Saturday, December 22, 2012

Gingerbread Houses

Gingerbread houses have been a tradition in our house since my now 16 year old son was barely 3 years old.  Every year he and I would decorate a house together - eating way more candy than ever went onto the structure.  We made some great memories during our gingerbread "experiments"   I call them that because they were not always structurally sound houses that could support the weight of the massive amounts of frosting and candy that we piled onto them.  There were a couple of years when we ended up with an unidentifiable heap of gingerbread and sugary sweets covered in sticky white frosting.   We were  never too disappointed in our gingerbread catastrophes though because the fun was in the making.  (and the sampling of course.) 

Over the years, I have learned a few things about making Gingerbread houses that can stand up to the test - not to mention the weight of the decorations.  I think we made every mistake in the book so it was mostly figuring out what NOT to do.  I've compiled a list of the things that I did wrong when building my gingerbread house so that when you make your gingerbread house - you won't make the same mistakes that I did. 

1.  Make and bake the gingerbread at least one day before you want to assemble your house. (I have learned to make my houses in November and store them in the freezer until we are ready to assemble.)
2.  Use a cardboard cake circle to set the house on so that it can be moved once it's complete.  (It seems obvious but I've ruined more than one trying to move a finished house.)
3.  Go through the leftover Halloween candy and use it to decorate the house. (A great way to use up unwanted candy.)
4.  Cut doors and windows in the gingerbread - before it is baked.   (And ALWAYS make extra pieces to account for any broken gingerbread pieces.)
5.  Put the house together with icing at least 2 hours before you start to add candy or any decorations.
6.  Never, and I do mean never, leave the gingerbread house on the table where it might be accessible to a Weimaraner. 

Last year I made tiny gingerbread houses to sit on the edges of our hot chocolate mugs.

This year I decided to change it up again and make slightly different houses.  I found a gingerbread recipe and a printable pattern on Bon Appetit that caught my eye.  Of course, their houses are decorated much more professionally compared to the architecturally unsound structures covered in coconut "snow" that end up adorning our dining room table over the Christmas season.  (I'm willing to bet that they didn't have nearly as much fun putting their house together as we did though.)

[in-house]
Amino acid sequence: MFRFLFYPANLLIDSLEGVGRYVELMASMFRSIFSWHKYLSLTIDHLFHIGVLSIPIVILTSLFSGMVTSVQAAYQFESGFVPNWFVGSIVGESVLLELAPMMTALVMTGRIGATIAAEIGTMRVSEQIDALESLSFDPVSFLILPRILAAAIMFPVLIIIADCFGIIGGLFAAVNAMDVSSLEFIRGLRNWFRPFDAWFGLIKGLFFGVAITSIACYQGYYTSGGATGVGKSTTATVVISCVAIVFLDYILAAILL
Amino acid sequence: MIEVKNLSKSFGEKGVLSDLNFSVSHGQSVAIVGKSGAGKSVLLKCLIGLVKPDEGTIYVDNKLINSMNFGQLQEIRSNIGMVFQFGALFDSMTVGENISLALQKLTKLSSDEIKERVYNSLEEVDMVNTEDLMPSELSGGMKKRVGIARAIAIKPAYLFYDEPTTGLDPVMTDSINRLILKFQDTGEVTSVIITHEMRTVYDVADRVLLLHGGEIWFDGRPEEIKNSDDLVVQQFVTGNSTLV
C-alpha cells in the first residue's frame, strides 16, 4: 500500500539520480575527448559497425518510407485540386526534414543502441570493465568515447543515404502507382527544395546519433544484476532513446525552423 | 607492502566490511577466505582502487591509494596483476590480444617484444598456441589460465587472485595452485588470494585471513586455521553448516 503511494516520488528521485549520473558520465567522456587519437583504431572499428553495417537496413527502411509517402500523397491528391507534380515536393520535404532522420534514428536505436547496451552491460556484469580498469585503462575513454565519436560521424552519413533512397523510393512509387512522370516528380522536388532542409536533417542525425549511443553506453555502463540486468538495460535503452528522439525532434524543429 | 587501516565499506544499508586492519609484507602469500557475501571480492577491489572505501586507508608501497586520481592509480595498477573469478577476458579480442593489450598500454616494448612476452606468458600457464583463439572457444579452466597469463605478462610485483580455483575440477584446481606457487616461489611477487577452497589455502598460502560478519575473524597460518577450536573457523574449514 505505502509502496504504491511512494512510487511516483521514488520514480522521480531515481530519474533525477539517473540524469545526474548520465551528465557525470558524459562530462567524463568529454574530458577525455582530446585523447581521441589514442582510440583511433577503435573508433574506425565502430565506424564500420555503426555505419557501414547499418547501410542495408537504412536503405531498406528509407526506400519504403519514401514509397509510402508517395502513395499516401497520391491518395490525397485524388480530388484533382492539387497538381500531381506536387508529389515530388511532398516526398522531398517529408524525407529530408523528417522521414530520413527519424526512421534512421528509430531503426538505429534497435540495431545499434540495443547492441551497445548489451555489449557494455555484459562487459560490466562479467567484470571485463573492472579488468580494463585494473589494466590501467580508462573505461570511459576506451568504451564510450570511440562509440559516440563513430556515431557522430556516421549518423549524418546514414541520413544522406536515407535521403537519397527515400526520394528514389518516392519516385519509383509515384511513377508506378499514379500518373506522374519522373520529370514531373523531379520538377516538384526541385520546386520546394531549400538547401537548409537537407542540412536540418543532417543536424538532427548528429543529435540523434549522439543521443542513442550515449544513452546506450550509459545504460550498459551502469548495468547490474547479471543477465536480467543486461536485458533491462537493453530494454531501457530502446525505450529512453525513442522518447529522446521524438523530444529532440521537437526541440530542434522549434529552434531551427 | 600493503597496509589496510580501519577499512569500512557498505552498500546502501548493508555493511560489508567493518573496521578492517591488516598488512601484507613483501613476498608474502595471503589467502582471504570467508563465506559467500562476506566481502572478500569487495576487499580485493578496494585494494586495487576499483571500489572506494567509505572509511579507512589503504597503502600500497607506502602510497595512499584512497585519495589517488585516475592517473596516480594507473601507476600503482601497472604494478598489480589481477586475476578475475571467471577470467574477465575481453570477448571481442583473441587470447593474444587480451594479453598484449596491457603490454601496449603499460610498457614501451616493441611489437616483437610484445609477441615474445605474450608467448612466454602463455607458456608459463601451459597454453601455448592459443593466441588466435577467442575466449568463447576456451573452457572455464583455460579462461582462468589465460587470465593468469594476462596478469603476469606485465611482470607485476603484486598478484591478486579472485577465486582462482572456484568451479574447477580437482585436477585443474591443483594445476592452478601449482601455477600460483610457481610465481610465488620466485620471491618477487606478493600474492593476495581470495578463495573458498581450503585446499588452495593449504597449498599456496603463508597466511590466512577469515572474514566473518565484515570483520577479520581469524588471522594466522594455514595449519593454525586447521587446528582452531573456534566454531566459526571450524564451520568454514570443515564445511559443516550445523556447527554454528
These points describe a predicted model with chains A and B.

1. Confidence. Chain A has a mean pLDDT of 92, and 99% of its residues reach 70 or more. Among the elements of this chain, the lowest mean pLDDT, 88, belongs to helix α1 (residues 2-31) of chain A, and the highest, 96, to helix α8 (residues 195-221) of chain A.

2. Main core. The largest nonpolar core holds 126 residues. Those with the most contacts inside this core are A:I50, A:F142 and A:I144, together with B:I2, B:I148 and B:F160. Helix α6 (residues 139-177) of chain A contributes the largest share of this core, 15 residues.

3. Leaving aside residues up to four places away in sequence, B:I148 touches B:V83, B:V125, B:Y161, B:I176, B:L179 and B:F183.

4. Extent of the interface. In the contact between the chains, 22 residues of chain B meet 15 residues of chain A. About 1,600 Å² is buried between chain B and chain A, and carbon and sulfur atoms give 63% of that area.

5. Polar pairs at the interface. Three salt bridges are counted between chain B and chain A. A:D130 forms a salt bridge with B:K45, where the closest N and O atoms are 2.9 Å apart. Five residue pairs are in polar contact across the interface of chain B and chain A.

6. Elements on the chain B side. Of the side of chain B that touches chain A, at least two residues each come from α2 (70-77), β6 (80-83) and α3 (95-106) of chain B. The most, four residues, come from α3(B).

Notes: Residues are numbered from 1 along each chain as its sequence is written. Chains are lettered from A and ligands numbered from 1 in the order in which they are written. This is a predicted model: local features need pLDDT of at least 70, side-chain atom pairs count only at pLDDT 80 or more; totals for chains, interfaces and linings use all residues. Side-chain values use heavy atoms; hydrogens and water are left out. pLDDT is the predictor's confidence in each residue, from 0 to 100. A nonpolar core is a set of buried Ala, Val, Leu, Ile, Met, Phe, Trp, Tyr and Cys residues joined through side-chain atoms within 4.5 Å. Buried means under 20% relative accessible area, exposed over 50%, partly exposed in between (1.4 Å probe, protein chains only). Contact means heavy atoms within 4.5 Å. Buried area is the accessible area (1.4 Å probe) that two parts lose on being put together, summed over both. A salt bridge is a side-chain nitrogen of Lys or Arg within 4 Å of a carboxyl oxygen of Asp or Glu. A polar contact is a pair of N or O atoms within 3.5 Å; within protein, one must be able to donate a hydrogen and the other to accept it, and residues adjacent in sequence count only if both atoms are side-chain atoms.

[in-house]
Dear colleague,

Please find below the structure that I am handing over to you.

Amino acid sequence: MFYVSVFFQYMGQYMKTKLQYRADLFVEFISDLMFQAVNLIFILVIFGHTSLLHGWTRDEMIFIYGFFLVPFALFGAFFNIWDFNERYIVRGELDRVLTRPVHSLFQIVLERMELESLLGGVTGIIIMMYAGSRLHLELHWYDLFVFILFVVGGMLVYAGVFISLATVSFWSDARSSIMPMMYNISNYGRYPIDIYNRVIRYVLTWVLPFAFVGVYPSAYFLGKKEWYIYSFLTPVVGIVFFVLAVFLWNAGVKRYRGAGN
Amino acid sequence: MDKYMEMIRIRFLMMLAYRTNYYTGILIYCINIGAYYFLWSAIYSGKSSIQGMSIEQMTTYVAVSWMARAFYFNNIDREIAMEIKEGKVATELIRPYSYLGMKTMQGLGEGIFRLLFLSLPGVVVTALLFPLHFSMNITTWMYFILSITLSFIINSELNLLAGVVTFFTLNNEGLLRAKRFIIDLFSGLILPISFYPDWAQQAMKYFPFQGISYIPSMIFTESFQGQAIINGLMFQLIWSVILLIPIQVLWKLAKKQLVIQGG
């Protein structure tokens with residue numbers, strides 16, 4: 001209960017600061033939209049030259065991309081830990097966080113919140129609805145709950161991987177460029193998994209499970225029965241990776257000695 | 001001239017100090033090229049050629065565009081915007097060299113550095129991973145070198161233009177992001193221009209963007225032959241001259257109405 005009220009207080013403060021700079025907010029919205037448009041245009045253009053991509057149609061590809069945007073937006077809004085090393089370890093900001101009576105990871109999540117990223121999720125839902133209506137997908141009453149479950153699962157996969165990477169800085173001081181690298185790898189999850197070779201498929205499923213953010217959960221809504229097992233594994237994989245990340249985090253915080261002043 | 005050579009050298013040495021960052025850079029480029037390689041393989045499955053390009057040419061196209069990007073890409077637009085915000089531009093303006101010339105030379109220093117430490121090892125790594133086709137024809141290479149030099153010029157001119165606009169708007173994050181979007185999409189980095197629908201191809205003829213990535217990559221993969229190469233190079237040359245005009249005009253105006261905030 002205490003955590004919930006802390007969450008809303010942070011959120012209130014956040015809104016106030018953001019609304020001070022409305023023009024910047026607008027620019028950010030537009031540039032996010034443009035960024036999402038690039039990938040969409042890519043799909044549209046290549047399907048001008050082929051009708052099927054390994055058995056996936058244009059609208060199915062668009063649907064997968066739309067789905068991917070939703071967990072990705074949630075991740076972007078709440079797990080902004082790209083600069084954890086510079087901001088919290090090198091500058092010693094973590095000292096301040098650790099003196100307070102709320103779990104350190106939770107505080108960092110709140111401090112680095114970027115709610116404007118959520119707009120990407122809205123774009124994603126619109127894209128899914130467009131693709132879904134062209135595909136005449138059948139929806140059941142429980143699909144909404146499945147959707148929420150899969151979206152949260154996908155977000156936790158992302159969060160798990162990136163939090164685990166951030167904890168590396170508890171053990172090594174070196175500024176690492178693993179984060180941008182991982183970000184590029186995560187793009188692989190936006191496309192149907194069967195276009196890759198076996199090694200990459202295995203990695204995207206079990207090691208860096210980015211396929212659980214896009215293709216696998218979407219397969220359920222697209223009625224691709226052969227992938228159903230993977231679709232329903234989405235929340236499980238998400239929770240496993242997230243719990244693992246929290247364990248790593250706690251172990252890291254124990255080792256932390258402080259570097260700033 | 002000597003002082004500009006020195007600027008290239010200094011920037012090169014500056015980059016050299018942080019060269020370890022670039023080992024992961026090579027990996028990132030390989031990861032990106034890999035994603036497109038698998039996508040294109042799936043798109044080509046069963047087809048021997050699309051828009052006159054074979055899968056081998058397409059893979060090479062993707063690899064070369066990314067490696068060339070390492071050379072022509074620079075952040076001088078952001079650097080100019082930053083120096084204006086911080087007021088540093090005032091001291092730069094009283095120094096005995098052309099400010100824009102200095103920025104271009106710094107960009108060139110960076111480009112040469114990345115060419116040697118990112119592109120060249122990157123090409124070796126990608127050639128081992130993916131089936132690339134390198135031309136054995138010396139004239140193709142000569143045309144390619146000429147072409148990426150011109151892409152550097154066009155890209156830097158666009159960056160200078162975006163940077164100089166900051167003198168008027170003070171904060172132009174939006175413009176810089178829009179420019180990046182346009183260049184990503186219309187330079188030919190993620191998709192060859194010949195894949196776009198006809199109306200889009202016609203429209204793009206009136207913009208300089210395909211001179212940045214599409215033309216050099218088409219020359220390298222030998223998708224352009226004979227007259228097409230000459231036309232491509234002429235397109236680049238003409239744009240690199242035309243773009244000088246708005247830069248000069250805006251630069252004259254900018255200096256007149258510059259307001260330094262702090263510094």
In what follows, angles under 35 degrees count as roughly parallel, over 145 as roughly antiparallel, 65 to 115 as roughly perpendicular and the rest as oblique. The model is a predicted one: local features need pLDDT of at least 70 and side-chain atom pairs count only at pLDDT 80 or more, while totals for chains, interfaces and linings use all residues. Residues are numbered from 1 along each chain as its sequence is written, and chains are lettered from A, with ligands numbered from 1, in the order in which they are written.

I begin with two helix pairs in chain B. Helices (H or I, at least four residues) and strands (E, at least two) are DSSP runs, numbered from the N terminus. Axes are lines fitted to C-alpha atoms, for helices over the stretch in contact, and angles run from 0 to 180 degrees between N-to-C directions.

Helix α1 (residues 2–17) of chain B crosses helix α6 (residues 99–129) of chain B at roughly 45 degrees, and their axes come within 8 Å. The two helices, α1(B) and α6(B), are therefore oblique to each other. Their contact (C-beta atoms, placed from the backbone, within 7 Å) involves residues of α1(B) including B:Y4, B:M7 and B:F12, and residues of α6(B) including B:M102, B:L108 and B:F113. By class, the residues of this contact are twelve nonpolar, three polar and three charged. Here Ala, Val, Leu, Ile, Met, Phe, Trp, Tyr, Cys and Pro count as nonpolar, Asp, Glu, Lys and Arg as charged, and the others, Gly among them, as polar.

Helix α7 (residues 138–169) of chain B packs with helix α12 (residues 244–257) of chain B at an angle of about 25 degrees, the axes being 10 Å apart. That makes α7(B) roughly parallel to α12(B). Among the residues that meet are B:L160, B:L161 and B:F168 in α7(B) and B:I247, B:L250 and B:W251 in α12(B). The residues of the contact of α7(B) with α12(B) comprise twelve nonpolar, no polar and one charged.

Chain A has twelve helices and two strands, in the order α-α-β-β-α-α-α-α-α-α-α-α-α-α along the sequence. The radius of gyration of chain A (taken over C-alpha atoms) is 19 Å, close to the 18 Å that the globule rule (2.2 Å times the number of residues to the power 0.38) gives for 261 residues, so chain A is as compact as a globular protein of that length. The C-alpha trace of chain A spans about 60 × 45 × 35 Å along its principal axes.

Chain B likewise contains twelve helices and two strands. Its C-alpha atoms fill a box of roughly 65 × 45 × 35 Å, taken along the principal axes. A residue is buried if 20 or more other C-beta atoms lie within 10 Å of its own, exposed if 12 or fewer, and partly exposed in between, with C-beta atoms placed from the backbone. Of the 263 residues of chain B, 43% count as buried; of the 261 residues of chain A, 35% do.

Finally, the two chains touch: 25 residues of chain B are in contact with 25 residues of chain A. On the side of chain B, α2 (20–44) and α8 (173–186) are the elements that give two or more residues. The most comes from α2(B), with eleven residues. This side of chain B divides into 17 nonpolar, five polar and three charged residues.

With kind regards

I adapted the Bon Appetit recipe slightly and I will give you my version of it.  If you want more detailed instructions on gingerbread house building, I suggest that you check out their website as well.

Gingerbread House Dough
6 3/4 cups all purpose flour
4 1/2 teaspoons ground ginger
1 1/2 teaspoons ground cinnamon
1 1/2 teaspoons baking soda
1 1/2 teaspoons salt
3/4 teaspoon ground cardamom
1 1/2 cups solid vegetable shortening
1 1/2 cups sugar
3 large eggs
3/4 cup robust (dark) molasses

Sift flour, ginger, cinnamon, baking soda, salt and cardamom into medium bowl. Using electric mixer, beat shortening in large bowl until fluffy.

Add sugar and beat to blend.

Beat in eggs 1 at a time.

Add molasses and beat on high speed until well blended.

Add dry ingredients in 4 additions, beating at low speed until dough forms.

Divide dough into 2 pieces. Flatten each piece into rectangle. Wrap each in plastic and refrigerate until firm enough to roll, at least 6 hours.

Roll each piece between 2 silpat baking mats to 1/8 inch thick.

Cut template out of paper and lay on top of dough.  Trace around pattern with a sharp knife and remove excess dough.  (Never try and move a piece of the house.)  This particular pattern had a front and a back to the house, 2 sides and 2 roof sections. 

Once the scraps are removed, place the mat onto a baking sheet and bake 13 minutes at 350.

I like to make my gingerbread fairly brown and crispy.  You definitely don't want soggy or undercooked dough when it's time to assemble your house. I like to lay all of my pieces out on the counter to cool completely.

Once the gingerbread is cool, I put all the pieces for 1 house in a large ziploc bag and put it in the freezer.  (Frozen gingerbread is very brittle so be extra careful when taking it out of the freezer.)

Mix together a batch of royal icing.  Assemble houses and let dry completely.

Let the decorating begin!

My kids each decorated their own house, Ben and I worked on a house together and my parents even made a gingerbread house.

Things got a little messy along the way.

This is my daughter's house...

quite impressive, don't you think?  This was my son's house...

very creative.  This is the house that my parents made...

quite extraordinary - I must say.   And last but not least, the house that Ben and I worked on...

a piece of art - if I do say so myself.  Then...Ben decided to add lights to the house and this is what happened next...

 He tried his best to piece it together and to return it to its original state but it was no use.

So ... it became a snack.
Well, three out of the four houses survived and now adorn our dining room table for the Christmas season.  


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